We have again provided a protective environment for a website under attack. This one is www.fitwatch.org.uk, a site which monitors and publicizes the activities of England’s Forward Intelligence Team program: a program of demonstration and political activity surveillance.

Last week, student protesters in the UK organized a massive demonstration to protest eduction cuts. 50,000 people marched and dozens have been arrested. Fitwatch has been reporting on the demonstrations and offering support to the movement.

On Monday, Nov. 15, 2010, Fitwatch’s U.S.-based host, justhost.com, received an email from England’s Police Central e-Crime Unit. The email requested that justhost take the Fitwatch site off-line because it was being used for “criminal activity”.

Justhost immediately complied: removing the site and blocking Fitwatch organizers from accessing any of its files. Commercial hosts take sites down for many reasons but blocking an owner of data from accessing it is an action that goes beyond the normal and it is a bizarre capitulation to a police department that has absolutely no authority over this provider.

What exactly did Fitwatch do wrong? It published a story offering suggestions to protesters who might have been captured in videos or photos and are worried about being arrested. The suggestions included tips on getting rid of the clothes you were wearing, seeking legal counsel, etc.

When the site came down, May First/People Link member Tachanka intervened. In less than a day, they had restored a backup of the site to a server hosted with MFPL and had the site live.

But this is wider than the actual story because the implications here are huge. This takes place during a period of very intense movement activity in England with very large, militant demonstrations. There is significant interaction between that movement in the streets and the UK’s large movement of progressive Internet activists. Clearly the government is reacting to this collaboration in the way these governments are most familiar with: repression.

Clearly, as these governments need to begin to understand, repression fails. With the news of the take-down, support for Fitwatch spread throughout England and expressed itself in many ways. This overwhelming reaction was accompanied by a meteoric spike in the site visits: we know because our monitoring system picked that up.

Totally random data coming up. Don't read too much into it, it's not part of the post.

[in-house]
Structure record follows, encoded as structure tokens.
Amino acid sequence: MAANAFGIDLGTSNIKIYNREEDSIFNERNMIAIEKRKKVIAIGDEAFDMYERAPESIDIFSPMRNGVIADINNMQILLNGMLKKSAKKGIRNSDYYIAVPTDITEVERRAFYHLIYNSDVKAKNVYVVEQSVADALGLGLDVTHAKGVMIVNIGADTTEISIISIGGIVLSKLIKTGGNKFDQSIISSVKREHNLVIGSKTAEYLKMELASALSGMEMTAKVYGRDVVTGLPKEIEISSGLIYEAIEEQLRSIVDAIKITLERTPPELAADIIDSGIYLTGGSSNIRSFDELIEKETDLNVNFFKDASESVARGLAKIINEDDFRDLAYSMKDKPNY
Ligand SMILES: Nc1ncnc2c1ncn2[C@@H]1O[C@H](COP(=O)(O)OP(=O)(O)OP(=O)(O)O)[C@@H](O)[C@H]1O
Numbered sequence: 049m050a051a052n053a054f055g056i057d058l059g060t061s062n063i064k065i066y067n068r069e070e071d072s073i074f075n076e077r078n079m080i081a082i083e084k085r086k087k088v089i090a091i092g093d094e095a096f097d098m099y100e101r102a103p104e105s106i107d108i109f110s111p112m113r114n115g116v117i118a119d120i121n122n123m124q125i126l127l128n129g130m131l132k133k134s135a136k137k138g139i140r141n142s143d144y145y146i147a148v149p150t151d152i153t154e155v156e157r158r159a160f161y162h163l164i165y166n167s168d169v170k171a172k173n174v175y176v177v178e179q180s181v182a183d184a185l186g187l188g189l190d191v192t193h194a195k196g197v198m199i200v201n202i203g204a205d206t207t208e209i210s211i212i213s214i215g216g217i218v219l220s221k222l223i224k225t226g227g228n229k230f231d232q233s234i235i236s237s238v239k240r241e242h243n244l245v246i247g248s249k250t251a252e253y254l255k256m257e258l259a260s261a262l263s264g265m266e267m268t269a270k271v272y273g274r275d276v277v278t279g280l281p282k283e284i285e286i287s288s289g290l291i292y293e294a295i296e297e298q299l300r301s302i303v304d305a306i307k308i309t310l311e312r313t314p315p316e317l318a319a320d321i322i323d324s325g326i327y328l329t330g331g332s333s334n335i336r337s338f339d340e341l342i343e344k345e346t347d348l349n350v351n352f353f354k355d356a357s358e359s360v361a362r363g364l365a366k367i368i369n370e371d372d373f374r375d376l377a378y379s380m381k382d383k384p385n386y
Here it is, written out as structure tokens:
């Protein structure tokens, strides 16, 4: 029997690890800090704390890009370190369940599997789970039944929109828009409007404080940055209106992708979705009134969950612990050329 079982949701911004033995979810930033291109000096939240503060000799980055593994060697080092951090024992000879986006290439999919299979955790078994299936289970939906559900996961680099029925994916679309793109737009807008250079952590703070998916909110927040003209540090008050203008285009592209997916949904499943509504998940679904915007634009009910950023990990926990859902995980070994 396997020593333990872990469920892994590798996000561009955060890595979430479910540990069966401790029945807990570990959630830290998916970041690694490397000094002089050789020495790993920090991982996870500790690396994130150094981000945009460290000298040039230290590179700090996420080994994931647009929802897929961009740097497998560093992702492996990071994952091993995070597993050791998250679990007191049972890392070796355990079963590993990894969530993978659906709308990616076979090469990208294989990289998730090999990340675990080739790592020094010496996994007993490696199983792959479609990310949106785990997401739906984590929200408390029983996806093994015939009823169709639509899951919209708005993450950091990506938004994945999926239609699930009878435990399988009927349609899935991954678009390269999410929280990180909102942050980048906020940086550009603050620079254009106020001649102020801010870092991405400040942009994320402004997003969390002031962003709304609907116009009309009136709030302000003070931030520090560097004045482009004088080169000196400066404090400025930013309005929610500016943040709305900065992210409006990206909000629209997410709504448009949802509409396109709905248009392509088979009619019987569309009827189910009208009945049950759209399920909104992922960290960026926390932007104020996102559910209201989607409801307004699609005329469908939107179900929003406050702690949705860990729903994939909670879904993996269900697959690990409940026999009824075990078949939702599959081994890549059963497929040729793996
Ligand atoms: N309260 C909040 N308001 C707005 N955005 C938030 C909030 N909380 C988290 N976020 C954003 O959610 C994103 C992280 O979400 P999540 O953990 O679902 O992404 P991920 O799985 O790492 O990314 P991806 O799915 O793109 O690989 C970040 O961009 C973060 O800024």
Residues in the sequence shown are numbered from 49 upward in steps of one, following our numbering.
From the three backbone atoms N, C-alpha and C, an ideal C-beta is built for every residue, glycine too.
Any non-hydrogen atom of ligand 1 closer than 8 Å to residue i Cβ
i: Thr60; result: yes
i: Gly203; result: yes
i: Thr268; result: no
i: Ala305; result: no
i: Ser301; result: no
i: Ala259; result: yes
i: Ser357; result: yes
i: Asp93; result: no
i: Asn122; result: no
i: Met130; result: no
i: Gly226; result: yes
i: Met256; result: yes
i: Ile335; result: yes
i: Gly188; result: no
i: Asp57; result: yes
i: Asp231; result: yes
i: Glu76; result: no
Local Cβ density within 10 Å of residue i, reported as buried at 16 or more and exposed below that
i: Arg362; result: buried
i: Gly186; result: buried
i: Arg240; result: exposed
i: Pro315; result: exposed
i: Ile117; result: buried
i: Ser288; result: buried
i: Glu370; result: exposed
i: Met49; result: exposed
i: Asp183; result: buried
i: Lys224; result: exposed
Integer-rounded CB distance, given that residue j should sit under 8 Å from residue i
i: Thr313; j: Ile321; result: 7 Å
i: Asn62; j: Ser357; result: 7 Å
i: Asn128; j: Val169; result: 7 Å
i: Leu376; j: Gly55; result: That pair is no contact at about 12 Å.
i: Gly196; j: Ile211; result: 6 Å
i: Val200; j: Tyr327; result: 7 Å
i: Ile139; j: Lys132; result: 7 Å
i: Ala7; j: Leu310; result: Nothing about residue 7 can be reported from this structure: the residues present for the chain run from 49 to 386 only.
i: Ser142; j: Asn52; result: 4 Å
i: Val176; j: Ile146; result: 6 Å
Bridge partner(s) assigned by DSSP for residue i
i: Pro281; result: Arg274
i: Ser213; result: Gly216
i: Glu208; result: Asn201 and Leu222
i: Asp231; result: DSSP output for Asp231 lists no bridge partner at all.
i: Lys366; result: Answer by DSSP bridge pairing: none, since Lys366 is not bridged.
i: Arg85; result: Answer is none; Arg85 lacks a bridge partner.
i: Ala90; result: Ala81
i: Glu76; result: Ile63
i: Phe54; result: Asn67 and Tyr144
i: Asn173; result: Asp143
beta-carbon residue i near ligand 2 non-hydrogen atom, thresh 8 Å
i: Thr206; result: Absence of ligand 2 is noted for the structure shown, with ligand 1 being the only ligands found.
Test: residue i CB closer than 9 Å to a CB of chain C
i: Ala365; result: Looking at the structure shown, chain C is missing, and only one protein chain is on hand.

This kind of quick, coordinated response is what we need and what will be needed from now on as government’s attempt to deal with valid, on-point protest with stupid, bullying tactics.

The world’s movement, working through the Internet, is not backing down.

Here are a couple of links:

http://www.fitwatch.org.uk

http://www.thinq.co.uk/2010/11/17/fitwatch-back-after-met-police-ban/

Abrazos,

Alfredo

– —
Alfredo Lopez
Co-Director
May First/People Link
Growing Networks to Build a Just World
http://mayfirst.org

Chair — Information Communications and Technology Working Group
United State Social Forum 2010
http://ussf2010.org

We are all FITwatch – and this time WE won. Let’s make sure we are ready for the next time they come for US.

WE ARE ALL FITWATCH: A moment of victory – FITwatch blog back online…

In the words of the FITwatch blog team:

We’re backs!

And with a secure server, massive coverage and a clear message that we’re here to stay.

On Monday night we received notification that our site had been suspended due to “attempting to pervert the course of justice” due to our posting offering advice to the Millbank students. Whilst the email requesting the site be closed on the basis it was being used for “criminal activity” came from DI Paul Hoare, from the Police Central e-crime Unit, the authorisation to close was given much closer to home, by acting Detective Inspector Will Hodgeson. Hodgeson, who was involved in the first Fitwatch case, and has sat through many of our trials and appeals, evidently finally had enough and decided to shut us down.

However, through totally underestimating the power of social media, this pathetic attempt has failed miserably. Within minutes of networking what had happened, people were re-publishing the post anywhere and everywhere. There are now over 100 sites carrying the original post – we haven’t managed to count them all. We have been overwhelmed by the support and solidarity and send massive thanks to everyone who’s offered to help and reposted the information. If we haven’t replied personally, it’s only because we’ve been inundated, and haven’t had time.

This was a real attempt to squash dissent and criticism of the police, as well as attempting to stifle common sense advice to protesters subject to a witch hunt by the right wing press. The solidarity given by so many people has ensured this hasn’t happened, and has shown we can fight back. Even if we were to be arrested and prosecuted now, we would still be grateful to CO11 for the amount of publicity they’ve generated for us.